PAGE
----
October 2, 2008
Just Ask a 5-Year Old
I heard this short but potent story recently. I can’t for the life of me remember who told it to me, so please forgive me if I’m not attributing this properly to you!
A man walks into a kindergarten classroom and stands in front of the class. “How many of you know how to dance?” he asks the kids. They all raise their hands up high into the air.
“How many of you know how to sing?” he queries. Hands shoot up again with a lot of background chatter.
“And how many of you know how to paint?” 100% hands up for a third time.
The same man now walks into a room full of adults at a conference. “How many of you know how to dance?” he asks. A few hands go up reluctantly, all of them female.
“How many of you know how to sing?” Again, a few stray hands go up from different corners of the crowd. Five percent at best.
“And how many of you know how to paint?” This time, literally not one hand goes up in the air.
So there you go. What makes us get de-skilled or dumber as we get older? Nothing at all! It’s just our expectations of ourselves that grow. The bar goes up for what it takes to count yourself as knowing how to do something with every passing year. Why is that? When we were 5 years old, all of us were about the same in terms of our capabilities. Singing, painting, dancing, tying shoes. But as we age, we find ourselves with peers who are world class specialists in different areas, and all of a sudden, our perception of self changes. Sing? Me? Are you kidding? Who do I look like, Sting?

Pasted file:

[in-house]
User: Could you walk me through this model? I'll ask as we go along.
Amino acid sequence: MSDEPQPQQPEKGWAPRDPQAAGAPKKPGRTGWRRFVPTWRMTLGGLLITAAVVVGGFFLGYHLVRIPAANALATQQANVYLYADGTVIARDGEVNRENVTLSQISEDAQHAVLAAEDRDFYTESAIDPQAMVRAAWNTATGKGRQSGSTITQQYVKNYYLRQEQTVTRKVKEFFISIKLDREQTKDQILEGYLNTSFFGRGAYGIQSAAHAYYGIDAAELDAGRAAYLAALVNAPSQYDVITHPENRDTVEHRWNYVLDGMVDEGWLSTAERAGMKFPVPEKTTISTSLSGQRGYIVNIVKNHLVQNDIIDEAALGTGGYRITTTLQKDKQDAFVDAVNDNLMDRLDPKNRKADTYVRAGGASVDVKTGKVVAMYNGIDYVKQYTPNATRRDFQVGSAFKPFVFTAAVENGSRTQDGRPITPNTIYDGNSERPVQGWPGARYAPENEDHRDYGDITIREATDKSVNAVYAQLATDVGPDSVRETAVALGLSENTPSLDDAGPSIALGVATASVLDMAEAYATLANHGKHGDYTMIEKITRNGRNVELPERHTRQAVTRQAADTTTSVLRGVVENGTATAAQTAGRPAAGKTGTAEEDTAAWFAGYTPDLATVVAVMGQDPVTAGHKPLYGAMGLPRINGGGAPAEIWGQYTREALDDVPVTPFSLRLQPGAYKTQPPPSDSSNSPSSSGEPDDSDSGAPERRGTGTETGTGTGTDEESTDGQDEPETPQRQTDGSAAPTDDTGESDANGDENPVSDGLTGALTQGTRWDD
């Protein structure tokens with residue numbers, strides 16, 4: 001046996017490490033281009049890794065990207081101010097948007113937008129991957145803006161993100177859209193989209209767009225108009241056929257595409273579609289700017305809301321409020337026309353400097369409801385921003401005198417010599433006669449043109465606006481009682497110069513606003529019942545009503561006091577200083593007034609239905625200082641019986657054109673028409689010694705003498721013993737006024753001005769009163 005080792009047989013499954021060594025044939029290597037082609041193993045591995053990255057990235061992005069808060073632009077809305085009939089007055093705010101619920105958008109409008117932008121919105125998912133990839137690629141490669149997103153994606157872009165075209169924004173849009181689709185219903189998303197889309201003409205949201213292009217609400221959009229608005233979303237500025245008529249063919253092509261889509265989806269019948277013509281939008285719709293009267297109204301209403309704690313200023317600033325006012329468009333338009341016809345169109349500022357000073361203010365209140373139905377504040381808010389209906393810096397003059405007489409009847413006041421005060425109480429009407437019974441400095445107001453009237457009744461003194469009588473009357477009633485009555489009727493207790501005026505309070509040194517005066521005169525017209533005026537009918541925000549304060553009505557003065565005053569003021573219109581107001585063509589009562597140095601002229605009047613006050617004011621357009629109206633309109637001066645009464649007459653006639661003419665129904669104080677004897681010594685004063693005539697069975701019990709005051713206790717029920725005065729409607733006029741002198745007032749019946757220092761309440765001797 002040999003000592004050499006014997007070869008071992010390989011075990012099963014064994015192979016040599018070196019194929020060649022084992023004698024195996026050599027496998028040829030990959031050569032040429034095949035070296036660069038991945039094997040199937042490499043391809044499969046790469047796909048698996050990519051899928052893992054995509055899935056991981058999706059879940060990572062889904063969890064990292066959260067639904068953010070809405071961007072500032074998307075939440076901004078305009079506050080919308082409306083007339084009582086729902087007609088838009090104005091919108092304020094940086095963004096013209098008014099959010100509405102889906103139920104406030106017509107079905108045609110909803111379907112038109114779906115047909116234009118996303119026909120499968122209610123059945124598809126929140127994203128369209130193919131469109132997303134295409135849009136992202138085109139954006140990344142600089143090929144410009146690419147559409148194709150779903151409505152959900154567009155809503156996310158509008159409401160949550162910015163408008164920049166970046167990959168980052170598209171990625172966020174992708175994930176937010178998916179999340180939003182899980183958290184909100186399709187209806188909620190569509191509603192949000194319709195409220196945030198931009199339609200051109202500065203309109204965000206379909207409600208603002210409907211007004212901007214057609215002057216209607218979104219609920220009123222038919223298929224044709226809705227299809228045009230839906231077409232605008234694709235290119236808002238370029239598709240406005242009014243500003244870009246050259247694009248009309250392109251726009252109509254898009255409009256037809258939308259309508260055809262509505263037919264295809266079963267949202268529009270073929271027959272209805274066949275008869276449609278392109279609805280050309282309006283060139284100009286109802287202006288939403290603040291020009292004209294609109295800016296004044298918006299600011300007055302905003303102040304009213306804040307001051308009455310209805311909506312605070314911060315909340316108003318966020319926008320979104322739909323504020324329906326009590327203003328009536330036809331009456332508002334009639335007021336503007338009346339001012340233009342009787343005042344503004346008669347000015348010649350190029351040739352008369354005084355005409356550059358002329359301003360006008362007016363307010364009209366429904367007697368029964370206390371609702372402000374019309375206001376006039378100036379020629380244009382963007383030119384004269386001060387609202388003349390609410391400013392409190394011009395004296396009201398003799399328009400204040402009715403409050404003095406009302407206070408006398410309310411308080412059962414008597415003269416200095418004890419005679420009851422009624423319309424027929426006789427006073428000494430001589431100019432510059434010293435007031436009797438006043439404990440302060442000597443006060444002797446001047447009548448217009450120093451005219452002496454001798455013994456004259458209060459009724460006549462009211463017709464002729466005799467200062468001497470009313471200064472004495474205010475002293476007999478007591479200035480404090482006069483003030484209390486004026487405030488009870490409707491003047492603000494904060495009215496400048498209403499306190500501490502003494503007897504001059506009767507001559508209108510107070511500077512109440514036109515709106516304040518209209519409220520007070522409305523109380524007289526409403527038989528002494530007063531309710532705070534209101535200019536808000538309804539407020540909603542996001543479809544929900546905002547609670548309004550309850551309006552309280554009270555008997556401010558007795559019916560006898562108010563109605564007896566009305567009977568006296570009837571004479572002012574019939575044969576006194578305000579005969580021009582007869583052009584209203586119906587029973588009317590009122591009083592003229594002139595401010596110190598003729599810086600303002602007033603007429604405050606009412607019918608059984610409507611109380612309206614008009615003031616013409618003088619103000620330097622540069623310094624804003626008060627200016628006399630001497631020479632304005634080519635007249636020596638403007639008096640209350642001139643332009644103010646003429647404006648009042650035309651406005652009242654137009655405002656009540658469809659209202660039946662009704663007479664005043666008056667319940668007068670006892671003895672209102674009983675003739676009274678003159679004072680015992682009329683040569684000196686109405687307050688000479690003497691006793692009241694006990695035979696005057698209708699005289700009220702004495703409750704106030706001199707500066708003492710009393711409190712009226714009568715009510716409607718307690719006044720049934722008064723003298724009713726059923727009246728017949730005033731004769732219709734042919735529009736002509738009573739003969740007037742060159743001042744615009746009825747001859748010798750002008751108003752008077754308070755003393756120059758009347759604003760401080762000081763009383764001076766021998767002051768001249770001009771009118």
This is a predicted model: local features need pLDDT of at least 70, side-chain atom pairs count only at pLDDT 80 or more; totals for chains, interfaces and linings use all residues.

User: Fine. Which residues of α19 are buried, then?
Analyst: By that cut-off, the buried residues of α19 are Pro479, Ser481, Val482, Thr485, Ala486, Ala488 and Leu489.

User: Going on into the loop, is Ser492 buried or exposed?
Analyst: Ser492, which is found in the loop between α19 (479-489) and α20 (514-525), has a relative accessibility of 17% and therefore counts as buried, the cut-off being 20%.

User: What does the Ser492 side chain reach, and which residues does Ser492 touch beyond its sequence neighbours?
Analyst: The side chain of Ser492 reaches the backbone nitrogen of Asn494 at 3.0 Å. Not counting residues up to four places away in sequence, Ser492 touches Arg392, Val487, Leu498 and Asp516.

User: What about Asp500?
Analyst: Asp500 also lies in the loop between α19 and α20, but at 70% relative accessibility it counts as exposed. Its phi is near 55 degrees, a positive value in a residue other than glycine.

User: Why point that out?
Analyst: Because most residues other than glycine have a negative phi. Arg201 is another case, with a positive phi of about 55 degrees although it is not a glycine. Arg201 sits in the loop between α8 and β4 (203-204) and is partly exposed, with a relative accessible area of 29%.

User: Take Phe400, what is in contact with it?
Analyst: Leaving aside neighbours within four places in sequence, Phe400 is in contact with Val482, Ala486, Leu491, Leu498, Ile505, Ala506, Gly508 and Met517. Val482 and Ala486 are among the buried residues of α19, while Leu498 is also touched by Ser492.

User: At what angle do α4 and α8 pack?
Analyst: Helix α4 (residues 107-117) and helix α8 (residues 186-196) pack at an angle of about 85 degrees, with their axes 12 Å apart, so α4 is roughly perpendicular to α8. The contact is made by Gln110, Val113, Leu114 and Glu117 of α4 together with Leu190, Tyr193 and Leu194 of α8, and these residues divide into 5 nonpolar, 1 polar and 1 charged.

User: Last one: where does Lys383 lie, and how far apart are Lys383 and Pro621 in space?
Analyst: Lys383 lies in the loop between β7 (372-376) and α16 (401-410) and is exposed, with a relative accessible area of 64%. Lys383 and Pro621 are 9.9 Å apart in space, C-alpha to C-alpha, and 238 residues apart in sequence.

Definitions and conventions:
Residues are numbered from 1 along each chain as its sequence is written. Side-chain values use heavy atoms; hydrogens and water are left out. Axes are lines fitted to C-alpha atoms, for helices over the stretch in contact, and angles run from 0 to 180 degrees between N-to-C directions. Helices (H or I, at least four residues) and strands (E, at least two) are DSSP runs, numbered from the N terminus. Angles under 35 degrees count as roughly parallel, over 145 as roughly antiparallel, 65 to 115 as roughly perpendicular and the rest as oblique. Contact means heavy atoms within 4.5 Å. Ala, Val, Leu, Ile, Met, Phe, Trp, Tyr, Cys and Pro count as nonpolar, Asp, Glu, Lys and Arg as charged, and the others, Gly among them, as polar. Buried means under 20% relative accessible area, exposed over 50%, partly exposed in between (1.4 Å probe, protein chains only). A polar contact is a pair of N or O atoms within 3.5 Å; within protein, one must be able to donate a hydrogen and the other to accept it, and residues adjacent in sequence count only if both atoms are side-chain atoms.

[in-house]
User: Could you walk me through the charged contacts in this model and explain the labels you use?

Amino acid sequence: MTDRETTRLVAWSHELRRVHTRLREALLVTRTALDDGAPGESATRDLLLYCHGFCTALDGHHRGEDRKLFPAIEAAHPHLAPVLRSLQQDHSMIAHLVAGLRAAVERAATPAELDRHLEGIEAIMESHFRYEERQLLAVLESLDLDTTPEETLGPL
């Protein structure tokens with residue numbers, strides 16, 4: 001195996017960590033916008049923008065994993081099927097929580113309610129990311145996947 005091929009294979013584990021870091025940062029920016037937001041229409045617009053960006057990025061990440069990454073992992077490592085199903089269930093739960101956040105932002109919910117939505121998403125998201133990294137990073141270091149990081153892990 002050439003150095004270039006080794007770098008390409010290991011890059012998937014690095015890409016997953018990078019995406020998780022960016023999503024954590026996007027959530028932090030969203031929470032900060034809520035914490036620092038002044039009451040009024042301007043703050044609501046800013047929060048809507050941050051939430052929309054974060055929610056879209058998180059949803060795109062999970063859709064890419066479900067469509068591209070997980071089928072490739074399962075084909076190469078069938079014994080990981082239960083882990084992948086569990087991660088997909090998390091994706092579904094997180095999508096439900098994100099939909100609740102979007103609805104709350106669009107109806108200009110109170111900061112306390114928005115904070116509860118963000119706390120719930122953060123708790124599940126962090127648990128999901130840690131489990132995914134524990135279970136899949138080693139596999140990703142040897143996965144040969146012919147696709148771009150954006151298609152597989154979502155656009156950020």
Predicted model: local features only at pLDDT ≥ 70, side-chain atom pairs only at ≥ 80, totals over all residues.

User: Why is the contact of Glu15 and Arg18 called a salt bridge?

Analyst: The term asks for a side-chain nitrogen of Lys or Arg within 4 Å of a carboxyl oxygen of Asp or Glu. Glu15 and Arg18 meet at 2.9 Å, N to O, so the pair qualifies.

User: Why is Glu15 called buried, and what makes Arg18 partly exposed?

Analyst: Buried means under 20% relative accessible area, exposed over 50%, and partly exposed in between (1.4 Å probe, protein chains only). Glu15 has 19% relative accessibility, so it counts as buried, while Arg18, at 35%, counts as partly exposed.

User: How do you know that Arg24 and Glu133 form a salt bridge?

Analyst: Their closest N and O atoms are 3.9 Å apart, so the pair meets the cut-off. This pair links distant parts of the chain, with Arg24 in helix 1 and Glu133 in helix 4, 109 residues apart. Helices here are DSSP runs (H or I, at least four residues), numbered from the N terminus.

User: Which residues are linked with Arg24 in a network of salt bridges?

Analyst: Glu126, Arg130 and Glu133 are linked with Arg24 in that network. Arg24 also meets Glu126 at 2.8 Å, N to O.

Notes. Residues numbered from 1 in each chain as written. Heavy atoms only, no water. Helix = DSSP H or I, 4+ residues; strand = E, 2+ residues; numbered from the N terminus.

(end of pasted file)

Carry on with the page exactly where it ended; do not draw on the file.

I see this same phenomenon in business all of the time. The better people get at one thing, the worse they think they are at other things. It’s the rare person who wants to excel at multiple disciplines, and more important, isn’t afraid to try them. But we’ve seen lots of success over the years at this at Return Path. The account manager who becomes a product manager. The tech support guy who becomes a software developer. The sales rep who becomes an account manager.
I love these stories! My anecdotal evidence suggests that people who do take this kind of plunge end up just as successful in their new discipline, if not more so, because they have a wider range of skills, knowledge, and perspectives on their job. Or it could just be that the kind of people who WANT to do multiple types of jobs are inherently stronger employees. Not sure which is the cause and which is the effect.
It’s even more rare that managers allow their people the freedom to try to be great at new things. It’s all too easy for managers to pigeonhole people into the thing they know how to do, the thing they’re doing now, the thing they first did when they started at the company. “Person X doesn’t have the skills to do that job,” we hear from time to time.
I don’t buy that. Sure, people need to be developed. They need to interview well to transition into a completely new role. But having the belief that the talent you have in one area of the company can be transferable to other areas, as long as it comes with the right desire and attitude, is a key success factor in running a business in today’s world. The opposite is an environment where you’re unable to change or challenge the organization, where you lose great people who want to do new things or feel like they are being held back, and where you feel compelled to hire in from the outside to “shore up weaknesses.” That works sometimes, but it’s basically saying you’d rather take an unknown person and try him or her out at a role than a known strong performer from another part of the organization.
And who really wants to send that message?